Dark chocolate is not a guilty pleasure; it actually comes with many health benefits. Real dark chocolate—not processed and sweetened milk chocolate—is chock-full of incredible health benefits.
Some nutrients are destroyed in the process of making chocolate available for the general market. Make sure the chocolate you buy is within the healthy range. Check the label: chocolate with a 60 percent or higher cocoa content is packed full of nutrients and antioxidants. Often called bittersweet, it has minimal sugar. The best way to get all the nutrients from chocolate is simply to use unsweetened cocoa nibs. The bitter, crunchy, seed-like snack isn’t the best-tasting treat, but its nutritional profile makes it worthwhile.
1. Dark chocolate can help prevent stroke
A study recently done on Norfolk residents finds that chocolate has a huge impact on the likelihood of having a stroke.
The study compared people who frequently consumed chocolate with those who entirely abstained. They measured chocolate intake at the start of the study and tracked the people for decades, following their cardiovascular statistics.
The problem with studies done like this is that the results don’t conclusively link chocolate and lower incidence of stroke. Perhaps heavy chocolate consumers share similar habits that also reduce stroke. This study also found links between those who ate more chocolate and just having healthier habits in general than the other study group.
2. Dark Chocolate is good for your brain
Dark chocolate increases blood flow to the brain as well as to the heart, so it can help improve cognitive function and also helps reduce your risk of stroke.
Also dark chocolate contains several chemical compounds that have a positive effect on your mood and cognitive health. Chocolate contains phenylethylamine (PEA), the same chemical your brain creates when you feel like you’re falling in love. PEA encourages your brain to release endorphins, so eating dark chocolate will make you feel happier.
Dark chocolate also contains caffeine, a mild stimulant. However, dark chocolate contains much less caffeine than coffee. A 1.5-ounce bar of dark chocolate contains 27 mg of caffeine, compared to the 200 mg found in an eight-ounce cup of coffee.
3. It can improve eyesight
Forget carrots. Dark chocolate can improve your eyesight too, according to research published in the journal Physiology & Behavior. The researchers found that participants who consumed dark chocolate with 720 mg of cocoa flavanols experienced enhanced visual performance—like detecting motion and reading low contrast letters—likely due to the increased blood flow to the retina and brain.
4. Dark chocolate can help control your cough
The vagus nerve is a part of your brain, and its activation can trigger coughing fits. Scientists are looking into creating a medication for coughs that uses theobromine.
A study on chocolate’s effects as a cough suppressant found it to be more effective than common cold medicines, even ones containing codeine, a weak narcotic.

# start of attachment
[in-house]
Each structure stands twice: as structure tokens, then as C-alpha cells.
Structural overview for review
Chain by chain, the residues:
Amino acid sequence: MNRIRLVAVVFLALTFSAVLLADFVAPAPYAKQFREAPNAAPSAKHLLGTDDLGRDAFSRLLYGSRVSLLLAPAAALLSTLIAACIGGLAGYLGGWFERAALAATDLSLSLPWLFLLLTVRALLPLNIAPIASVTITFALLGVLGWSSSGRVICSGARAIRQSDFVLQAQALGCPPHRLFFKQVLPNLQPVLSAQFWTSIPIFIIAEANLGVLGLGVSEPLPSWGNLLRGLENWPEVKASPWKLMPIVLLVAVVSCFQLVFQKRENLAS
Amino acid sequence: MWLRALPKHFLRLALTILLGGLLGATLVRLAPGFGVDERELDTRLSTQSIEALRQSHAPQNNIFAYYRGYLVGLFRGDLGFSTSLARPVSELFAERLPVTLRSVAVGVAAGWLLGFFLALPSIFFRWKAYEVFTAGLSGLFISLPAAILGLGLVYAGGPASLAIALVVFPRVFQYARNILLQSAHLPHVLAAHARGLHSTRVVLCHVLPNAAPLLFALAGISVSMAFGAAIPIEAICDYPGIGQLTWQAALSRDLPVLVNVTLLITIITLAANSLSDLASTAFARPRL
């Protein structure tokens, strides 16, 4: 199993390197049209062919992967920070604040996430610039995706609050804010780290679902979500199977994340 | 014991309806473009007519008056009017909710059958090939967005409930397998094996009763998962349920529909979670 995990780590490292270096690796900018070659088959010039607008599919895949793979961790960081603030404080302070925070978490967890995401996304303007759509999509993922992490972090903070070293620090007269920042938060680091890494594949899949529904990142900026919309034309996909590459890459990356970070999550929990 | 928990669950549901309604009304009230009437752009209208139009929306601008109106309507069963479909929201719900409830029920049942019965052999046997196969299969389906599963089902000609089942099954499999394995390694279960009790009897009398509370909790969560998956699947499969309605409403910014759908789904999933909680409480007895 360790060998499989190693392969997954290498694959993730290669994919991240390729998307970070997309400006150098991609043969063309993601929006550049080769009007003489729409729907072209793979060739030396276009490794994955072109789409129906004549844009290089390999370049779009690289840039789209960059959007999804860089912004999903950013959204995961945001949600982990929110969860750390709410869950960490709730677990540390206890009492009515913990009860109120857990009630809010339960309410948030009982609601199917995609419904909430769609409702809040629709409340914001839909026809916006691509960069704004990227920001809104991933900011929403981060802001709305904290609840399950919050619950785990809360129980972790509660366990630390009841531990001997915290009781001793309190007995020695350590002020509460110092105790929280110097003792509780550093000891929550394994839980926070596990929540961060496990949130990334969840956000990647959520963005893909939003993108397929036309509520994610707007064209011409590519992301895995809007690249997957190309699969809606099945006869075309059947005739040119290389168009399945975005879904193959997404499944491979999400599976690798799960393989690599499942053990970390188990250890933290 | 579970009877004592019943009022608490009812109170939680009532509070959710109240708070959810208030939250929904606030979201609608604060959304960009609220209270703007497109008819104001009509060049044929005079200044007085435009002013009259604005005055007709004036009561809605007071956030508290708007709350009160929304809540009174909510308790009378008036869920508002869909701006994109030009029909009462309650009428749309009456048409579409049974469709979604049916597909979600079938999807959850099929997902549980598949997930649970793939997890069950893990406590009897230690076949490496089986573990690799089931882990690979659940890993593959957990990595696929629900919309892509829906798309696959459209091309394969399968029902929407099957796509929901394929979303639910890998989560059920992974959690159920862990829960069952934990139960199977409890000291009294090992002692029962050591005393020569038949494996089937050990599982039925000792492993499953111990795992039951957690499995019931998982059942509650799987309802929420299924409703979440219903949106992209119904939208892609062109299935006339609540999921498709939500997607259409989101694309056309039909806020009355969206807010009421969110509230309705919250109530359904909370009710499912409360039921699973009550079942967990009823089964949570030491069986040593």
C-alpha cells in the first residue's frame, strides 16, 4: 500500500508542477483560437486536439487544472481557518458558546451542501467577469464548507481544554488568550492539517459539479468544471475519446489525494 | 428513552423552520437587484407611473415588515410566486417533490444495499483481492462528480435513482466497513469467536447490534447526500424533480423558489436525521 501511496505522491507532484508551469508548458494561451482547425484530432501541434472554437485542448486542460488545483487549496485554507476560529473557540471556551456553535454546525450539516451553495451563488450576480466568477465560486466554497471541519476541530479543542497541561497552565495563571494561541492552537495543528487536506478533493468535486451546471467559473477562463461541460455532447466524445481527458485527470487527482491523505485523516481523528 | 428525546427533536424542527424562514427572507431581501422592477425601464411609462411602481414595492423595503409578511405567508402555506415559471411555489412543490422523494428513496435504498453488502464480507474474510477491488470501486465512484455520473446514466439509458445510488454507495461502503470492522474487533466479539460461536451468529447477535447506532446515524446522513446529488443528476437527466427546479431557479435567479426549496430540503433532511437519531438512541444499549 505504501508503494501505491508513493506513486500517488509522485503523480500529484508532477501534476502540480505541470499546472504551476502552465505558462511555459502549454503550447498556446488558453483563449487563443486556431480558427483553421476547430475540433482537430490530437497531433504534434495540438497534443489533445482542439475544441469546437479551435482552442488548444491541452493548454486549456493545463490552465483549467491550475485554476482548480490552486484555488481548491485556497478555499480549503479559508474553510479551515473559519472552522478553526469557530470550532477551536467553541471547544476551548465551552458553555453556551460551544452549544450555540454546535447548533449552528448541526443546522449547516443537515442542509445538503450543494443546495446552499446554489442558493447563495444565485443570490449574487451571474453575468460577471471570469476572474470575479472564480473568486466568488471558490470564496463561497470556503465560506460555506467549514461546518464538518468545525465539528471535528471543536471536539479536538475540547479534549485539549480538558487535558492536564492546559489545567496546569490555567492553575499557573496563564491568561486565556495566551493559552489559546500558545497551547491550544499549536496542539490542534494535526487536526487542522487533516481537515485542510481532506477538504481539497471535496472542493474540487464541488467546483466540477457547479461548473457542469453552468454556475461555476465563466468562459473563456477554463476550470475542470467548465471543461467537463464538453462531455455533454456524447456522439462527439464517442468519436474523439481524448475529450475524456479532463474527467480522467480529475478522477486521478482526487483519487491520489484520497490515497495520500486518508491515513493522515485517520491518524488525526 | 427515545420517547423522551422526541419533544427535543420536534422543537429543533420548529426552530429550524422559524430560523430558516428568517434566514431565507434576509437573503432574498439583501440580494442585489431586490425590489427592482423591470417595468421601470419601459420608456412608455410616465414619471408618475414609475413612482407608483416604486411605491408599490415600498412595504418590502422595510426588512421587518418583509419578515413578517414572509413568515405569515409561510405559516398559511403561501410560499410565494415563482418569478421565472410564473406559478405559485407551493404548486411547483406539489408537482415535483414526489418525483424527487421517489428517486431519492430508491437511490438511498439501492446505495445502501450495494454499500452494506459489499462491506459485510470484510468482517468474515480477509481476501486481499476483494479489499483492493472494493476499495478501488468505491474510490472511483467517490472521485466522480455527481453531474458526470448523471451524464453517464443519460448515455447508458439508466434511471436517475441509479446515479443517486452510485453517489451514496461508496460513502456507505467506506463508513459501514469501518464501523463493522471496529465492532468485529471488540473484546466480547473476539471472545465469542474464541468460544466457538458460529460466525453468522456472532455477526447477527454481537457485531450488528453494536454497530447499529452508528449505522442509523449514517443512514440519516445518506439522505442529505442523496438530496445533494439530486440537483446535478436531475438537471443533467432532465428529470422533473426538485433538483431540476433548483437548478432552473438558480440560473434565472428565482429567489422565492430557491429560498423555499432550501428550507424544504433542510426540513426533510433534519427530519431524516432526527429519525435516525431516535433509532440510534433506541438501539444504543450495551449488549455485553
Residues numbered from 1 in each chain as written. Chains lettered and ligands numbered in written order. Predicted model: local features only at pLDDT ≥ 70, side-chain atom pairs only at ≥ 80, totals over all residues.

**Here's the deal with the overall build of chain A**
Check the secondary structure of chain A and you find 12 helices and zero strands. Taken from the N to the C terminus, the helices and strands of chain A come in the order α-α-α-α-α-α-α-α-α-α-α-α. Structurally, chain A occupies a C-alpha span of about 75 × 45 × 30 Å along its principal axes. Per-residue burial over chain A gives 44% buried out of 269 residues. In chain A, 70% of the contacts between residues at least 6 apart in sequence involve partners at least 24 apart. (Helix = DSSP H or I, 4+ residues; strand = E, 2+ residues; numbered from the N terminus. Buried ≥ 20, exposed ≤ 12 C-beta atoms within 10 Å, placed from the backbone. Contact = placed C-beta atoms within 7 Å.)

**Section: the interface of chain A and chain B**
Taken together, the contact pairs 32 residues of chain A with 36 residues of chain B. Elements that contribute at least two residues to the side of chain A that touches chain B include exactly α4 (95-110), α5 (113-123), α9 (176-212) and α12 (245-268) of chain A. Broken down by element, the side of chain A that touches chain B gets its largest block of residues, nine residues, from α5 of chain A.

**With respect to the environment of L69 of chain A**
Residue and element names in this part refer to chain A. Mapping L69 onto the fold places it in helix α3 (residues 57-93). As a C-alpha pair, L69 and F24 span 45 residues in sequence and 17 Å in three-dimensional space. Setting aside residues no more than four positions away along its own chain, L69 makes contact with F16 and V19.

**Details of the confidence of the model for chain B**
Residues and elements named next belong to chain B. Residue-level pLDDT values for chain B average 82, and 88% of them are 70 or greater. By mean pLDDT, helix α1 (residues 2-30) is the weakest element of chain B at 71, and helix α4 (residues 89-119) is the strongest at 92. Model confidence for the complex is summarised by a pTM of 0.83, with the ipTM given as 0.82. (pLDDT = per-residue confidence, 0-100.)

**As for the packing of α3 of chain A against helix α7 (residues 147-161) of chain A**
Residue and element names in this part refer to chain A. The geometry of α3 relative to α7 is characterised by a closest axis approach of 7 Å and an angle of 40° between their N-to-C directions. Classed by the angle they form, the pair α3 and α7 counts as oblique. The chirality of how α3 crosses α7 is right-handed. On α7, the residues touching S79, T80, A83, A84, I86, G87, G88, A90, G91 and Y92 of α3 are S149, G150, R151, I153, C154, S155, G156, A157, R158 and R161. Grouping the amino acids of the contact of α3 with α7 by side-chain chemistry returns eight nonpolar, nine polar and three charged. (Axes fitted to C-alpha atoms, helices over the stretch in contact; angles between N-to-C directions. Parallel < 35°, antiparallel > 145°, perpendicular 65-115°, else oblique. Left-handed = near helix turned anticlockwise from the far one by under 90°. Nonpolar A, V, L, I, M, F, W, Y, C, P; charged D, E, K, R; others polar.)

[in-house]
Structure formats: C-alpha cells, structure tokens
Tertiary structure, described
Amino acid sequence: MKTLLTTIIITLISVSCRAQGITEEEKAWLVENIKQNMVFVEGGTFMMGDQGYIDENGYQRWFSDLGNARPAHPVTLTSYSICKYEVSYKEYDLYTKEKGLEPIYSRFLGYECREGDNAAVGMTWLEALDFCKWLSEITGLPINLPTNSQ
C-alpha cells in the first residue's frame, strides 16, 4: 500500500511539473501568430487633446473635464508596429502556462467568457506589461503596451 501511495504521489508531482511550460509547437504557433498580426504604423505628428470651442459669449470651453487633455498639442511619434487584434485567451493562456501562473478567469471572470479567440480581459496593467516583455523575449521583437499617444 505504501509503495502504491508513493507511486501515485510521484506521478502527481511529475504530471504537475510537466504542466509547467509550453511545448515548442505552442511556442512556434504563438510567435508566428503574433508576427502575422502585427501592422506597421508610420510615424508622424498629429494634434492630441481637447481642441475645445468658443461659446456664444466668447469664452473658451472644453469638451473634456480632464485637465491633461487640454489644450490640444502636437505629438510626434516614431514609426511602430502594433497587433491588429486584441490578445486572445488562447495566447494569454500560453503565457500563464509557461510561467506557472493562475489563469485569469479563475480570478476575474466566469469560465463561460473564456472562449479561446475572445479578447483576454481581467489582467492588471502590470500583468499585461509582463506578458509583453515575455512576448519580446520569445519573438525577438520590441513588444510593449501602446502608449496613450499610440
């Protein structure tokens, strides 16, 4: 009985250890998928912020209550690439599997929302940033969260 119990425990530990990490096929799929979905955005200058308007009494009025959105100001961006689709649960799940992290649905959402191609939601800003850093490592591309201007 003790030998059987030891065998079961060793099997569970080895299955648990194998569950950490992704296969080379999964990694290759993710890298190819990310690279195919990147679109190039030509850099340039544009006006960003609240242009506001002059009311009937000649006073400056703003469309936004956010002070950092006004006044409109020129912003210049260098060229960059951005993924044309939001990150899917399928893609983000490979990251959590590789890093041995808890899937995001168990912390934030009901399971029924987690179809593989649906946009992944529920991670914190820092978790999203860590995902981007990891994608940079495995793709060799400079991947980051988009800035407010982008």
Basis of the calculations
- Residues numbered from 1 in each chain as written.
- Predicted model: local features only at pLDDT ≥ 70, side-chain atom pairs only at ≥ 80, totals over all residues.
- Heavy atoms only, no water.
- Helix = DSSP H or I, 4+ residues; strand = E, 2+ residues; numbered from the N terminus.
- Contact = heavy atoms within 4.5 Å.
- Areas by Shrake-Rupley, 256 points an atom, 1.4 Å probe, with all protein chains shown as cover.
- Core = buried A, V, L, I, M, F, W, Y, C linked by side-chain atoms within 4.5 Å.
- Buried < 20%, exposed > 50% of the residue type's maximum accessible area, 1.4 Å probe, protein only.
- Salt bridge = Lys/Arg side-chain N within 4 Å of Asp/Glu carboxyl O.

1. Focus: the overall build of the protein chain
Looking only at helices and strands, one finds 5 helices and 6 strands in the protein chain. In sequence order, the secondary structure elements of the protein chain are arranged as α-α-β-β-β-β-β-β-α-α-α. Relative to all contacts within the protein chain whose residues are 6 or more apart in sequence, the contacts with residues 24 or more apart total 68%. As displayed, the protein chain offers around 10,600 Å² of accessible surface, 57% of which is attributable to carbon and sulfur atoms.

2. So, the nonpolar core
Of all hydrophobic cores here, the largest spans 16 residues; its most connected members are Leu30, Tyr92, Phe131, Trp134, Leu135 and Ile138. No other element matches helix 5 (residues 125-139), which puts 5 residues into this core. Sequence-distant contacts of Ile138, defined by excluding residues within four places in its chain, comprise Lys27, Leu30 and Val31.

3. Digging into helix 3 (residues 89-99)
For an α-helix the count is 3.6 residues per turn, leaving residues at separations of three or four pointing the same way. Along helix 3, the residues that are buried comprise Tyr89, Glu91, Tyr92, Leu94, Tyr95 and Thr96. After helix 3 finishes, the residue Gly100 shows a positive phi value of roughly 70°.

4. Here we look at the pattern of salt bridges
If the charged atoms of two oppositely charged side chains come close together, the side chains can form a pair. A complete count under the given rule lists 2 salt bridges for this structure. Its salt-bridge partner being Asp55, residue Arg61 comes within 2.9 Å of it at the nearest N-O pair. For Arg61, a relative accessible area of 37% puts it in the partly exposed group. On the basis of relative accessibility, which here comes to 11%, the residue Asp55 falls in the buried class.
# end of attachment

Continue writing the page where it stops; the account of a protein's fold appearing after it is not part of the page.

They tested this by giving subjects different cough medicines. One group received common cough medicine with codeine; the second group received a solution of theobromine and the third group was placebo. They were exposed to capsaicin (the chemical responsible for making chili peppers spicy.) Their intention was to see how much capsaicin was required to induce five coughs. Having one’s lungs exposed to capsaicin will usually cause even the most hardened chili-head to break into a coughing fit.
5. Dark chocolate is a huge source of antioxidants
Dark chocolate contains very high amounts of a number of potent antioxidants. A study linked calculated the Relative Antioxidant Capacity Index (RACI) by isolating free radicals and antioxidants extracted from chocolate. Free radicals are the prerequisite for cancer, and antioxidants can help destroy free radicals before they spread.
The resulting statistics show that chocolate’s antioxidants (at least, in vivo) are extremely effective at reducing free radicals. While they may behave differently in the body, relevant studies also show that chocolate is effective at battling free radicals in vitro.
6. Dark chocolate can aid against diabetes
The endothelium is extremely important in maintaining arterial health, and insulin resistance is the most commonly checked statistic to determine whether future diseases, like diabetes, will develop. Cocoa and its flavonoids help to positively modulate these systems.
Obviously, if you’re hoping to prevent diabetes, you’re going to want to eat low-sugar, dark chocolate.
7. It reduces inflammation
After you scarf it, “good” microbes in your gut feast on the chocolate, fermenting it into anti-inflammatory compounds that are good for your heart, according to research presented at the 2014 American Chemical Society meeting. Antioxidants and fiber present in cocoa powder isn’t fully digested until they reach the colon where the compounds are absorbed into the body, lessening inflammation within cardiovascular tissue and reducing the long-term risk of stroke.
8. Dark Chocolate is good for your heart
Studies show that eating a small amount of dark chocolate two or three times each week can help lower your blood pressure. Dark chocolate improves blood flow and may help prevent the formation of blood clots. Eating dark chocolate may also prevent arteriosclerosis (hardening of the arteries).